More quotes from King Arthur

Trivia: Twenty years ago, there was a series on British TV called Robin of Sherwood. Will Scarlet was played by Ray Winstone. One of the other Merry Men (Nasir) was played by Mark Ryan, who was the sword master on King Arthur. The horse master was Steve Dent who is (you guessed it) horse-master on this movie as well.

More trivia for King Arthur

Question: Throughout the movie, the Sarmatian knights shout the word "rus" at each other; Bors in particular says it a lot. Does anyone know what significance this word has or what it means?

Answer: At the beginning of the film, we learn that young Sarmatians were drafted into the Roman military for a period of fifteen years. As the Romans lead young Lancelot away from his family, his father yells 'Rus!', the war-cry that is repeated throughout the film. 'Sarmatian' was the name the Romans gave the Rus, descendants of Norsemen who had settled in lands that still bear their name today: the River Rus (in modern Romania), Russia, Belarus, and Ruthenia. Culturally and geographically, these people were the Rus. So when they were inducted into the Roman army, their war cry of 'Rus!' identified them as being fearsome Rus/Sarmatian warriors, warned their opponents that the Rus were coming for them, celebrated their cultural identity, and symbolized their hope of returning home to the Rus. In the film Arthur honors them by yelling it back, signifying the unusual bond between leader and soldier exemplified in the Round Table, Arthur's respect for the Rus warriors, and his commitment to the idea that all men are born free and have the right to their own lives and beliefs.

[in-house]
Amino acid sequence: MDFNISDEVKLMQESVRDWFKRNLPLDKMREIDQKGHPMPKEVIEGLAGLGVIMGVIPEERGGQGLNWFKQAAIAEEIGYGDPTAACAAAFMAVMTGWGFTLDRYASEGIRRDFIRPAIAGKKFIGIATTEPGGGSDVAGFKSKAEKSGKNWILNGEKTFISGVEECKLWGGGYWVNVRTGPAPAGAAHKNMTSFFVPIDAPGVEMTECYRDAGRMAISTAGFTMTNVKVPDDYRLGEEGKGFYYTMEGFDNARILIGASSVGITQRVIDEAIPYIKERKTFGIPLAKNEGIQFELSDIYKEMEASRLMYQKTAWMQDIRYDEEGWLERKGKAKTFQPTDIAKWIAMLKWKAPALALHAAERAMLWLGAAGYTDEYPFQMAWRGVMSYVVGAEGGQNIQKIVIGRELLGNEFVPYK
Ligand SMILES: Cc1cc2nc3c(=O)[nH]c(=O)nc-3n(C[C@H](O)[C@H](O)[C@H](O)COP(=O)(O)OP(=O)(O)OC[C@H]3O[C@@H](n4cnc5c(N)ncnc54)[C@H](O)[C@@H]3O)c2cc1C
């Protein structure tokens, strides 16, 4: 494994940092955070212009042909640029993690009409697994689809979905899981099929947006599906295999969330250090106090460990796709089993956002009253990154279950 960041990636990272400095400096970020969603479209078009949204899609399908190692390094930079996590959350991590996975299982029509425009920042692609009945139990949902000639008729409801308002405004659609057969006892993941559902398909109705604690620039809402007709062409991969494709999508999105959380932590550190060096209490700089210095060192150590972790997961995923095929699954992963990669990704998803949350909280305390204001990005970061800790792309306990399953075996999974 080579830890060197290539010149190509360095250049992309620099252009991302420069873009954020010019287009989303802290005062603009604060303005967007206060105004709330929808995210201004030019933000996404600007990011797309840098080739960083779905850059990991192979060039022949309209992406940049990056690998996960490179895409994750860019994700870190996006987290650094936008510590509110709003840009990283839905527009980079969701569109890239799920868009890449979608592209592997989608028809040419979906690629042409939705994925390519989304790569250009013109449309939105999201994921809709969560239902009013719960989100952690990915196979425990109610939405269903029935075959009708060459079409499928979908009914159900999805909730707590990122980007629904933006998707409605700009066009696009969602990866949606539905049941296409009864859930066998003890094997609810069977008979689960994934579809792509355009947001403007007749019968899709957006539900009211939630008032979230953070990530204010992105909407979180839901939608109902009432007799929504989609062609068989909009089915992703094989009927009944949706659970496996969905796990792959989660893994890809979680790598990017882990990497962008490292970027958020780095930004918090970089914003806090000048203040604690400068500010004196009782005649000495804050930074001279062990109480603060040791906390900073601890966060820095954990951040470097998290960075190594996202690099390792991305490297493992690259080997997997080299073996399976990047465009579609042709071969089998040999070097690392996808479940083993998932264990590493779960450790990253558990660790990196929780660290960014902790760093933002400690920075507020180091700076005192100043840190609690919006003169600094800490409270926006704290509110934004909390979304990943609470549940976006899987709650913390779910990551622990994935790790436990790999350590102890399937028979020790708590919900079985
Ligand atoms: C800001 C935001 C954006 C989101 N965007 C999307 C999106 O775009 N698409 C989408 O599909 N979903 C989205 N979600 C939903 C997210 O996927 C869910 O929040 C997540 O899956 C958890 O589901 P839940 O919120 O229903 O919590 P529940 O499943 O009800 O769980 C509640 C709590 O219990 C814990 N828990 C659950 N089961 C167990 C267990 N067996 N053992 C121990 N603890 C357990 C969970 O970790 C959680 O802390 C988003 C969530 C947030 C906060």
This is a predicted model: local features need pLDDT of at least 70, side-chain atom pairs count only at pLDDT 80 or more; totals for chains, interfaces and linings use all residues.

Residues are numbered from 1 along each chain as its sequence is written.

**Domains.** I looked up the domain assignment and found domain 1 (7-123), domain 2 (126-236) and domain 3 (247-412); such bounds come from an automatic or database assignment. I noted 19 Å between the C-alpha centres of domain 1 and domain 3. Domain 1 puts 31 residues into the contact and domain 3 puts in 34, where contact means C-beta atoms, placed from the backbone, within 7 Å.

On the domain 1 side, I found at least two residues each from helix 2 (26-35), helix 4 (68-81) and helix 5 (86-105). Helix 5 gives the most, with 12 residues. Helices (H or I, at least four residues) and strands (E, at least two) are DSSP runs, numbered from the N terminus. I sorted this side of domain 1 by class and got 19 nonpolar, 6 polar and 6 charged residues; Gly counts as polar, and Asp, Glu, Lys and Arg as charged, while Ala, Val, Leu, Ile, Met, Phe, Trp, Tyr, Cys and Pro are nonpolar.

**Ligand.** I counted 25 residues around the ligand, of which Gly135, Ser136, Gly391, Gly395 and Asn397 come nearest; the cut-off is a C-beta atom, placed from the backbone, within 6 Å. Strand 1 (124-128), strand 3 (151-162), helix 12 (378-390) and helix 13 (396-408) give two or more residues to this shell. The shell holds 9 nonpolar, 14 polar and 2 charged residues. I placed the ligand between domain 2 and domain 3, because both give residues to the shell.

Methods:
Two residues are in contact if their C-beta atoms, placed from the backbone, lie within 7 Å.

Rus were a people combined of Vikings traveling between Denmark and Byzantium, and Slavic people. Sarmatians were before that, but from the same area and did intermingle with Slavs, so their blood is more than likely in there.

Rus was not from Denmark.

Ruthenia was the Roman name for what is now Ukraine. The main part of Rus i.e. Kyivan Rus is actually the land and people who are now known as Ukrainians. The Sarmatians were our ancestors.

Answer: Rus in Latin means country or land. The whole movie was based on winning freedom. Fighting and dying to win them their home, their country. Arturius chooses Britain as his land and his countrymen to defend. So Rus in this context, being they are Roman, their battle cry means 'for country', not Rome but Britain. For home.

Answer: Except the Norseman/Rus came much later than Arthur's that's not it. Though more to the point is the Sarmatian /Scythian relationship and their dynamic with the Romans in respect to this timeline.

Norsemen invaded Britain in the 8th century but were around much earlier. Romans recruited from foreign lands and could possibly have recruited from tribes earlier than this. Rus vikings were first recorded around the 8th century but could also have existed prior to this. It is accepted that Viking history was from 800 AD. However the legendary king Arthur was allegedly invented by a 12th century french poet. The Roman Lucius Artorius Caster died around the end of the 2nd century. So it's all speculative.

Answer: They do not yell "rus", they shout as "rochs". In fact at first the pronunciation in the movie shows that. "Rochs" is a Sarmatian term, in fact it means "light" in modern Ossetian, the only remnants of the Sarmatians in modern world. There were three major Sarmatian tribes in history: Alans, Rochsalans (Rochs-alans or Latinized Roxalans) and Iazyges. Second one bears that prefix, and historically not Roxalans but Iazyges were forced to become mercenaries for Rome. So with that yell there is a little mistake in the movie but this is tolerable at the end.

More questions & answers from King Arthur